Information provided by the Alzheimers Society
Frontotemporal dementia (FTD) is one of the less common types of dementia. The term covers a wide range of different conditions. It is sometimes called Pick’s disease or frontal lobe dementia. This factsheet explains what FTD is, its symptoms, and who gets it. It also describes how it is diagnosed and the treatment and support that is available.
The word ‘frontotemporal’ refers to the lobes of the brain that are damaged in this type of dementia. The frontal lobes of the brain, found behind the forehead, deal with behaviour, problem-solving, planning and the control of emotions. An area of usually the left frontal lobe also controls speech.
The temporal lobes – on either side of the brain – have several roles. The left temporal lobe usually deals with the meaning of words and the names of objects. The right temporal lobe is usually involved in recognising faces and familiar objects. For more see factsheet 456, Dementia and the brain.
Frontotemporal dementia occurs when nerve cells in the frontal and/or temporal lobes of the brain die, and the pathways that connect the lobes change. Some of the chemical messengers that transmit signals between nerve cells are also lost. Over time, as more and more nerve cells die, the brain tissue in the frontal and temporal lobes shrinks.
When the frontal and/or temporal lobes are damaged in this way, this causes the symptoms of FTD. These include changes in personality and behaviour, and difficulties with language. These symptoms are different from the memory loss often associated with more common types of dementia, such as Alzheimer’s disease.
As FTD is a less common form of dementia, many people (including some health professionals) may not have heard of it.
Frontotemporal dementia is much less common than other forms of dementia, such as Alzheimer’s disease or vascular dementia. However, it is a significant cause of dementia in younger people – that is, those under the age of 65. Frontotemporal dementia is probably the third most common cause of dementia in this age group and some studies even place it second most common. It affects men and women roughly equally.
Frontotemporal dementia is most often diagnosed between the ages of 45 and 65. However, it can also affect people younger or older than this, and it is probably under-recognised in older people. Even so, this ‘peak age’ for FTD (the age at which it is most often diagnosed) is much younger than the age at which people are most often diagnosed with the more common types of dementia, such as Alzheimer’s disease.
Being diagnosed at a younger age is likely to present someone with a different set of challenges. They may still be working, have financial commitments or dependent children, and want different services and support. For more information about these issues see factsheet 440, What is young-onset dementia?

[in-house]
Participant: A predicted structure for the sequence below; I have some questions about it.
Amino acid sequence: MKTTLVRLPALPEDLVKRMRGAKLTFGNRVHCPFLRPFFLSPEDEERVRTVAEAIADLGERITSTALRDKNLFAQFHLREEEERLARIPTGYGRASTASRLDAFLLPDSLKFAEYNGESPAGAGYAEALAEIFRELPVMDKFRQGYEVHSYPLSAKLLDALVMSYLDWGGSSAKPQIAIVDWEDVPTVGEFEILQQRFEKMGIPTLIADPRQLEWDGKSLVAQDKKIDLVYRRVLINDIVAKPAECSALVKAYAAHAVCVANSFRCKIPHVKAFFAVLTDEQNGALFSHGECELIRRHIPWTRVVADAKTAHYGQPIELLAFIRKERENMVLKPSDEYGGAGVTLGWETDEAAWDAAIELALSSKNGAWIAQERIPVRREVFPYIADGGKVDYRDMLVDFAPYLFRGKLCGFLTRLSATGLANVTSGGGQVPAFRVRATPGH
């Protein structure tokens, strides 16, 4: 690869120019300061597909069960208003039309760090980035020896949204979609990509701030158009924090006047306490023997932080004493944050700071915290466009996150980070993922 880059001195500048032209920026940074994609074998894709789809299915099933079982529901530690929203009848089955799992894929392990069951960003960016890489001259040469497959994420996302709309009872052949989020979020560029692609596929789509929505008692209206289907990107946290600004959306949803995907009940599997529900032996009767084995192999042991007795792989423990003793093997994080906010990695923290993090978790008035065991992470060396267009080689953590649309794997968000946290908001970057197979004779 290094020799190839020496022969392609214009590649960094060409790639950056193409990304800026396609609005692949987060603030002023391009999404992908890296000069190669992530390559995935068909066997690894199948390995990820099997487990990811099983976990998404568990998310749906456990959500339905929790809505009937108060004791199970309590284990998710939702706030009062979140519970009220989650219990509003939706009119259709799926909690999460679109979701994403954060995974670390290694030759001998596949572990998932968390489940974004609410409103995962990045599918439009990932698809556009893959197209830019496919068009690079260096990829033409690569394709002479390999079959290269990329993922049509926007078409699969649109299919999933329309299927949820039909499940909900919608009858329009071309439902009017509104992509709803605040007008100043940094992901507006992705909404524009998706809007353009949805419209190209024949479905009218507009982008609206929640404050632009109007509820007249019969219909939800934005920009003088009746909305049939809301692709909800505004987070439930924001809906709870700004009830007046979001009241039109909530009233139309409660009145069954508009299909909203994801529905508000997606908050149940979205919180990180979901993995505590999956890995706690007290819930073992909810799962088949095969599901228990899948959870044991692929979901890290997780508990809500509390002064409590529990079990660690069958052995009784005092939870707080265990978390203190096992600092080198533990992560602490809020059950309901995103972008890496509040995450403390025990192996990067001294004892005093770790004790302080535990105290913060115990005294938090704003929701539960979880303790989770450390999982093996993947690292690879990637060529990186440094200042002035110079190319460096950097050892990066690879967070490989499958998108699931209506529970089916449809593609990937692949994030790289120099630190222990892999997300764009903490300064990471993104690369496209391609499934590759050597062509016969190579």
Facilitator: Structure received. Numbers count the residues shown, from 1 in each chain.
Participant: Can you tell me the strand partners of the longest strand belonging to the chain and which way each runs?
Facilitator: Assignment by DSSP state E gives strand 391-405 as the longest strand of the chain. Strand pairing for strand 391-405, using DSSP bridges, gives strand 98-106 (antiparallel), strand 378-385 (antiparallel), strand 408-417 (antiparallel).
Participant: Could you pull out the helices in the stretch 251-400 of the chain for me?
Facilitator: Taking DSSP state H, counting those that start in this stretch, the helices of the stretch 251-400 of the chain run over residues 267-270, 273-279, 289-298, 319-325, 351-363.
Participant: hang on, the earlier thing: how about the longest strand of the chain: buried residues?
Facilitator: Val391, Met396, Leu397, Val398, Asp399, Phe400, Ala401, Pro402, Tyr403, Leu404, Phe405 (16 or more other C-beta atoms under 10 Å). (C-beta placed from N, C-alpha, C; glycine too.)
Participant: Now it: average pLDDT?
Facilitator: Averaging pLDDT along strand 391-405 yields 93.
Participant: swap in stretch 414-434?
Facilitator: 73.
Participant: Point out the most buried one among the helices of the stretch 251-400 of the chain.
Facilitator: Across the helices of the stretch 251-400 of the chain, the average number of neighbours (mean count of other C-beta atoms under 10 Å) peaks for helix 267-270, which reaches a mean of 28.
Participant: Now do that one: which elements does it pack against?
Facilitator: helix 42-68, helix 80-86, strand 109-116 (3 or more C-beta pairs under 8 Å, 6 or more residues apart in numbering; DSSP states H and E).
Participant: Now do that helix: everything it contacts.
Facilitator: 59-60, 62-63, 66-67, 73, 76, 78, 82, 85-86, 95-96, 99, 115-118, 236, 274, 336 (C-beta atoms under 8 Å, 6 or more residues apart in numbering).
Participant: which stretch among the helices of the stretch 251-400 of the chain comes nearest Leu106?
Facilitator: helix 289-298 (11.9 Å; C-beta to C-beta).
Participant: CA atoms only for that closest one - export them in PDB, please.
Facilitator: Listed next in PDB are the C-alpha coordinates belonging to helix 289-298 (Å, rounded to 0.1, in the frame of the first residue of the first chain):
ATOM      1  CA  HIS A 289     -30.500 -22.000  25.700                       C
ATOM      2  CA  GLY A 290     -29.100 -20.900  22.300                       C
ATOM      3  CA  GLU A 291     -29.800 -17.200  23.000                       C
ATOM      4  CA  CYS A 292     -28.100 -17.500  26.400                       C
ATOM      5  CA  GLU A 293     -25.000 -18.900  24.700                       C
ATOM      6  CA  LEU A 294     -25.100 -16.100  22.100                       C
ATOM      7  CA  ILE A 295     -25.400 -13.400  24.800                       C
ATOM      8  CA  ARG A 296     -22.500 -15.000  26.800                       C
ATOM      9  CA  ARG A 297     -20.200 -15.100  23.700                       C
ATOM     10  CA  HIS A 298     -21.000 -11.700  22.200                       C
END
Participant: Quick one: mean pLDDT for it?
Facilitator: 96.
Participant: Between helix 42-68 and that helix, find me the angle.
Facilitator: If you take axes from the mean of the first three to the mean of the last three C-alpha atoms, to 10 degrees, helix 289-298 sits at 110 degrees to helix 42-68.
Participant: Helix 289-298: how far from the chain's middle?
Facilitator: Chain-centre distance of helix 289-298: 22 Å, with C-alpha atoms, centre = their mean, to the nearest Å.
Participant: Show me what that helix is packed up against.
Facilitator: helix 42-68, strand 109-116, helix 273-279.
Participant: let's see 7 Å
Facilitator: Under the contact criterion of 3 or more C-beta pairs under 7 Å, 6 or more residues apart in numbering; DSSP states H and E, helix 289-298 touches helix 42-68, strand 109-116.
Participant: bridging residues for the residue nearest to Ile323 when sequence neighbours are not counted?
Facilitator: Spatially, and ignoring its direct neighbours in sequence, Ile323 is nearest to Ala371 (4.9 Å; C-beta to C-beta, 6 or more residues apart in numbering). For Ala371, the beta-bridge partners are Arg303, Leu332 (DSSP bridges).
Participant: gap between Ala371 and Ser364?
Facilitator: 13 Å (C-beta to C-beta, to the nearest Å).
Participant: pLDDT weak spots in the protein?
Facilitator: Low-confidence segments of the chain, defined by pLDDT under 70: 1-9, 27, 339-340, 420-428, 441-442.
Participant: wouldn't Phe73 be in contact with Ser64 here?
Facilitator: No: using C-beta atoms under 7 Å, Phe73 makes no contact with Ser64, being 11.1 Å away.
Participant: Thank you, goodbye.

The symptoms of FTD dementia vary depending on which areas of the frontal and temporal lobes are damaged. A person may have one of three main types of FTD:
As with most forms of dementia, the symptoms can be very subtle at first, but they slowly get worse as the disease progresses.
This is the most common type of FTD. Two thirds of people with FTD are diagnosed with this type. During the early stages, changes are seen in the person’s personality and behaviour.
A person with behavioural variant FTD may:
It is common for a person with behavioural variant FTD to struggle with planning, organising and making decisions. These difficulties may first appear at work or with managing finances.
In contrast to those with Alzheimer’s disease, people in the early stages of behavioural variant FTD tend not to have problems with day-to-day memory or with visuospatial skills (judging relationships and distances between objects). Someone with FTD may go walking without obvious purpose but, unlike a person with Alzheimer’s, will often find their way home without getting lost.
Recent research shows that FTD can also affect the sensitivity of people with dementia to physical or environmental stimulation such as temperature, sounds and even pain.
It is unusual for a person with behavioural variant FTD to be aware of the extent of their problems. Even early on, people generally lack control over their behaviour or insight into what is happening to them. Their symptoms are more often noticed by the people close to them.